Diane Sawyer: Bartender, Therapist

Diane learns the double pour, who tips worst, and serves a famous bar patron.

Oct. 24, 2008 — -- Interviewing hundreds if not thousands of people, from world leaders to celebrities, prepared Diane Sawyer for her "ultimate" job match: bartender.

Each "Good Morning America" anchor took the aptitude test from Self-Directed Search, which is supposed to predict what professions best suit an individual's personality.

Sam Champion has confidence and a belief that "the facts are the facts" -- skills that serve him well as a weatherman but would also work as a judge.

Chris Cuomo's love of people and hands-on manner make him a great reporter, but if that doesn't last, he could find a career as a hairdresser.

And Robin Roberts' emotion and self-expressive nature jump through the camera, and, as she discovered, through song lyrics she wrote.

So where would Diane Sawyer go to fulfill her need to make people happy and help them improve their lives?

Behind a bar, serving drinks, of course.


At Hurley's saloon in midtown Manhattan, Sawyer served drinks to Wall Street brokers worried about their jobs, tourists and struggling young artists working as waiters.

And, then, one very famous bar patron walked in -- George Wendt, a bar regular, who played Norm on the TV show "Cheers."

Wendt works around the corner, starring as Edna Turnblad in the Broadway musical "Hairspray."

"I kicked off the dress and high heels and, as usual, I come over to Hurley's, but you know, I didn't expect to see a new bartender," he said when he saw Sawyer.

Wendt ordered up his usual -- a concoction called the rainbow cone. "You know, a rainbow cone beer." he said. "Take a pint glass, go right on down the line, boom, boom, boom."

Steve Metz, the bartender at Hurley's, served as Sawyer's mentor behind the bar.

"So you are a therapist-bartender-turned friend, companion, world healer?" she asked him.

"You said it, not me, but OK," Metz replied.

Metz shared a few important tricks of the trade with Sawyer, including -- when in doubt, make a drink red.

"If you hand somebody a red drink, they're still so enthused that they have a drink full of liquor that they're gonna drink it," Metz said.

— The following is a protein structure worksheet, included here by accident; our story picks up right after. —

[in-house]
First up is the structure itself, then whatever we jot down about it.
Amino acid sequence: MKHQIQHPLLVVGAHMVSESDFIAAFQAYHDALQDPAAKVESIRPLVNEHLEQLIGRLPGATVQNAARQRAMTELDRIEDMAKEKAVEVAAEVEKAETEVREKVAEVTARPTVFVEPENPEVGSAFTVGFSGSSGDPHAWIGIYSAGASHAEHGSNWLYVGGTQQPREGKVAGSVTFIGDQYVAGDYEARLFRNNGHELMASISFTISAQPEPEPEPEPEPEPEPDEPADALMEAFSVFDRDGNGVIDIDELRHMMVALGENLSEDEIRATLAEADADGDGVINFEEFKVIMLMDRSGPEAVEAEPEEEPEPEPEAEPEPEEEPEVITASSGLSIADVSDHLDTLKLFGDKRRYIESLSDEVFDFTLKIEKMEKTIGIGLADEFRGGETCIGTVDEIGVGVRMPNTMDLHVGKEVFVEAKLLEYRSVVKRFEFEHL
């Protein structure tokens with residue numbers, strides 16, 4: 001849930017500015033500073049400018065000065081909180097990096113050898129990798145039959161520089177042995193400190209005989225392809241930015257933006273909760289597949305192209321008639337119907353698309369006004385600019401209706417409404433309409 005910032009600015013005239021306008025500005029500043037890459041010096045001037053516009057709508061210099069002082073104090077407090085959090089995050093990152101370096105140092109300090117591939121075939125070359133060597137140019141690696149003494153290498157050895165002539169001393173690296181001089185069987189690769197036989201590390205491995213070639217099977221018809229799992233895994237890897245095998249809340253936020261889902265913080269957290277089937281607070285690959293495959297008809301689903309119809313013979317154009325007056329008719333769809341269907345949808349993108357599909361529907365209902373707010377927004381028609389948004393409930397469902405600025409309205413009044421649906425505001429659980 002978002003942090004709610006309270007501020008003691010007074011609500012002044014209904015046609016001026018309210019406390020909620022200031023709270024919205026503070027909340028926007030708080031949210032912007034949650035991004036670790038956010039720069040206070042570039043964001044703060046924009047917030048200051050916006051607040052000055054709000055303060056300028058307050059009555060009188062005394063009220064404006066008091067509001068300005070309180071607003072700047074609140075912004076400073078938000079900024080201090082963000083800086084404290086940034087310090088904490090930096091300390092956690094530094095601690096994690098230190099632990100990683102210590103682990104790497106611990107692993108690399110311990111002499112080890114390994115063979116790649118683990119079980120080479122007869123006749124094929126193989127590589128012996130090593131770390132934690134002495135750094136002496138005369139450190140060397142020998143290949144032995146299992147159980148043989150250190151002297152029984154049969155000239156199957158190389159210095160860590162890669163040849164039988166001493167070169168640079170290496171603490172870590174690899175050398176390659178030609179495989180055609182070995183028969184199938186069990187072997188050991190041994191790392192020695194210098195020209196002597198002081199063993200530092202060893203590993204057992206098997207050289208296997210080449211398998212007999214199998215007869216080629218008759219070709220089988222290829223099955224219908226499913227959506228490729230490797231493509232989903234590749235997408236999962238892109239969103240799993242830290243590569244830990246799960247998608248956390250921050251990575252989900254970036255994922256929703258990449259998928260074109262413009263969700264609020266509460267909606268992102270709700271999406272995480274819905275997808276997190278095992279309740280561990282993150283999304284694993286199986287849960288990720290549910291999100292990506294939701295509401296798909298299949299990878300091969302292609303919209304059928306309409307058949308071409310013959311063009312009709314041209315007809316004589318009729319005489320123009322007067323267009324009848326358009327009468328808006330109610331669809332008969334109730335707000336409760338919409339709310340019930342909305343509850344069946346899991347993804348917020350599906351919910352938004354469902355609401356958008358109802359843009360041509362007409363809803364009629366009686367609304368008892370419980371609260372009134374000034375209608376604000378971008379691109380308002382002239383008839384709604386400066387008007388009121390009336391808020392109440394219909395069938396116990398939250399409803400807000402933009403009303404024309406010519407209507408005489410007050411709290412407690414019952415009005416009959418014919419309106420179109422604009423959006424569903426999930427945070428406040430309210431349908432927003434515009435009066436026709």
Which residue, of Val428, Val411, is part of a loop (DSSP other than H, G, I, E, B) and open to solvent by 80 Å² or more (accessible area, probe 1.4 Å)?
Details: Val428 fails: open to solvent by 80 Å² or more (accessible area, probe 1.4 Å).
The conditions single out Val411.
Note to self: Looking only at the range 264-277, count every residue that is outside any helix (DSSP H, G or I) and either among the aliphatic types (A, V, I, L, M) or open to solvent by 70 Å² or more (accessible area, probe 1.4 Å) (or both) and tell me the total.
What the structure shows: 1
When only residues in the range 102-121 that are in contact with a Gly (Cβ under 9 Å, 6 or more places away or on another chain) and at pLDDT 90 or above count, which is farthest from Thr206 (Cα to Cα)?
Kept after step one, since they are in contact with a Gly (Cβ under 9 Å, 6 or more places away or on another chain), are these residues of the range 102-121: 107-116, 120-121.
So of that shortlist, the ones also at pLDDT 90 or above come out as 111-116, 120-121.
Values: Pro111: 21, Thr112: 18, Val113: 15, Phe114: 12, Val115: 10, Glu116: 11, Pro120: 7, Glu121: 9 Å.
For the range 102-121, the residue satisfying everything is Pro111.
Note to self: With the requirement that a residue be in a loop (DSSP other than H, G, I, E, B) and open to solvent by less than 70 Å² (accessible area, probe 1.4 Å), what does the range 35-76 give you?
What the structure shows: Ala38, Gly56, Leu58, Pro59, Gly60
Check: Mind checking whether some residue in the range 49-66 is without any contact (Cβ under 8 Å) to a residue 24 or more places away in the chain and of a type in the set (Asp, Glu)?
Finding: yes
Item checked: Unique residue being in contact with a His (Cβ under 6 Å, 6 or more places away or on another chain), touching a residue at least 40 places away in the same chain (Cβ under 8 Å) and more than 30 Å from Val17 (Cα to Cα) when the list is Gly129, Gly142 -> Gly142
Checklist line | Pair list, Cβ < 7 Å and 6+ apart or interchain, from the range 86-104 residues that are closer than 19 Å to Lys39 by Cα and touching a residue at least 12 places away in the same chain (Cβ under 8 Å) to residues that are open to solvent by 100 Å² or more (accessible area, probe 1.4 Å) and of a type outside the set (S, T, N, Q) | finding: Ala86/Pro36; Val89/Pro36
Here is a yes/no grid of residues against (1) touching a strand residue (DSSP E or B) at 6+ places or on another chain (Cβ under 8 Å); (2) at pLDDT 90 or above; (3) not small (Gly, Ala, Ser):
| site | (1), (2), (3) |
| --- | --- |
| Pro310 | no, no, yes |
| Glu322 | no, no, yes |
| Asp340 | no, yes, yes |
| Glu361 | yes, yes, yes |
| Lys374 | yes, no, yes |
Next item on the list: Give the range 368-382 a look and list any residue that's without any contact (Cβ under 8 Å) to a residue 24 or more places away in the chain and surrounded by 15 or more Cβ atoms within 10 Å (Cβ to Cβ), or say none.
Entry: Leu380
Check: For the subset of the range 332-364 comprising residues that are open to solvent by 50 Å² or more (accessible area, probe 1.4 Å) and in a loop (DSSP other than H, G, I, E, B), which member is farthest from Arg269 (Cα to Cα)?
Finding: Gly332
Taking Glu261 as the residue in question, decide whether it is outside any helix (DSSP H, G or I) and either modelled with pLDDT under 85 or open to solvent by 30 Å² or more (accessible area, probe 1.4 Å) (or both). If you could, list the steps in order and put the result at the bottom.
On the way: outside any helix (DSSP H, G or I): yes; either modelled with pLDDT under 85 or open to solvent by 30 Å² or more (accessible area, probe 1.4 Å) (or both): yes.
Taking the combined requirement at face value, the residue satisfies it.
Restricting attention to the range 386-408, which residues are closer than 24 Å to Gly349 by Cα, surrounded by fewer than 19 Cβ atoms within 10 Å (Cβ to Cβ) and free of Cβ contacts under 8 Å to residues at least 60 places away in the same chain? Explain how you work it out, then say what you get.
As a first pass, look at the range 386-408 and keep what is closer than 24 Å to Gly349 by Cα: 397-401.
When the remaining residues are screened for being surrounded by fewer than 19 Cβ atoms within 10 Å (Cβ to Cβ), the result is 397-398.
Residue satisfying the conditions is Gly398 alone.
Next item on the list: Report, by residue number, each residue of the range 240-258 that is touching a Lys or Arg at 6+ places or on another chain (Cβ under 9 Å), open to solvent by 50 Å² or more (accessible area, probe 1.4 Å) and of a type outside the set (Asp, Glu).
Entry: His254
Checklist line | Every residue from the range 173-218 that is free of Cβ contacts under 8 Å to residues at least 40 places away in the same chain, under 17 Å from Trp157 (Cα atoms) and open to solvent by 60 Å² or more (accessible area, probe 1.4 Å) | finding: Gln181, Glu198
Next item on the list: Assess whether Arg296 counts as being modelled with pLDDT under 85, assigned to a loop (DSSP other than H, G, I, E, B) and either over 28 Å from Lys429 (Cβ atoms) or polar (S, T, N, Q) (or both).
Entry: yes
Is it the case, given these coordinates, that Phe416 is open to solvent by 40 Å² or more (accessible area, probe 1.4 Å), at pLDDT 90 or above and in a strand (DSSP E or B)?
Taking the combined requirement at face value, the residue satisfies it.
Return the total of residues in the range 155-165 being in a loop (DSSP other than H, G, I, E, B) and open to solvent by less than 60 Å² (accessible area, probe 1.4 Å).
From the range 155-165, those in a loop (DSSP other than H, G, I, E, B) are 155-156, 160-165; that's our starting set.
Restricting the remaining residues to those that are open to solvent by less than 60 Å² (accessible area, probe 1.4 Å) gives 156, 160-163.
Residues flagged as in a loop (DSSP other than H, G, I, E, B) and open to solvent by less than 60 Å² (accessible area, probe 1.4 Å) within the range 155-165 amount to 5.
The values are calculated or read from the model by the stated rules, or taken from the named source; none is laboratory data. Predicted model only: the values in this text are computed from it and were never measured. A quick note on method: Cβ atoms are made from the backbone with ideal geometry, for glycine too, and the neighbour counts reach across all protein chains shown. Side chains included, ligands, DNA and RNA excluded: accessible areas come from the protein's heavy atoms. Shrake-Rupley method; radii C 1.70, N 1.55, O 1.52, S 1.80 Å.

Other rules? Never talk religion or politics and only drink coffee.

The worst tippers are those who like a fancier cocktail, like the mojito, Metz said.

Th best are beer drinkers, who know the value of a dollar.

Therapy Behind the Bar

Sawyer got down to the business of mixing drinks for thirsty people, and listening to their worries and their hopes and dreams.

"This is the bar that dreams come true," she said. "We're gonna put up a sign."

She learned that two of the bar's regulars, Josh and Sarah, are waiters in New York, which means out-of-work actors.

Sarah wowed the crowd with her version of the Etta James song, "At Last."

"We are going to get this woman an audition tomorrow," Sawyer said.

Sarah's boyfriend Josh worried that her parents don't like him. Sawyer called Sarah's parents to testify to Josh's good heart and character.

Nearby, a man named John said there are a lot of people in Hurley's who lost a lot of money on Wall Street and he once did, too. Panicking doesn't help, he said.

"Raised in the Bronx, we call 'em BIC, Bronx Irish Catholic," John said. "You get up and go to work the next day, don't worry about it."

And then there was Candice, celebrating the loss of 35 pounds in time for her 30th birthday. Now, she said she wants to learn to drive.

"One thing that I've silently been embarrassed about is the fact that I'm 30 and I still can't drive," she told Sawyer.

Candice needed a little "kick in the butt," so Sawyer and "GMA" arranged for her to take driving lessons.

In all, a tiring, but very satisfying day for Sawyer. "I go home one happy bartender," she said, "in one fine place."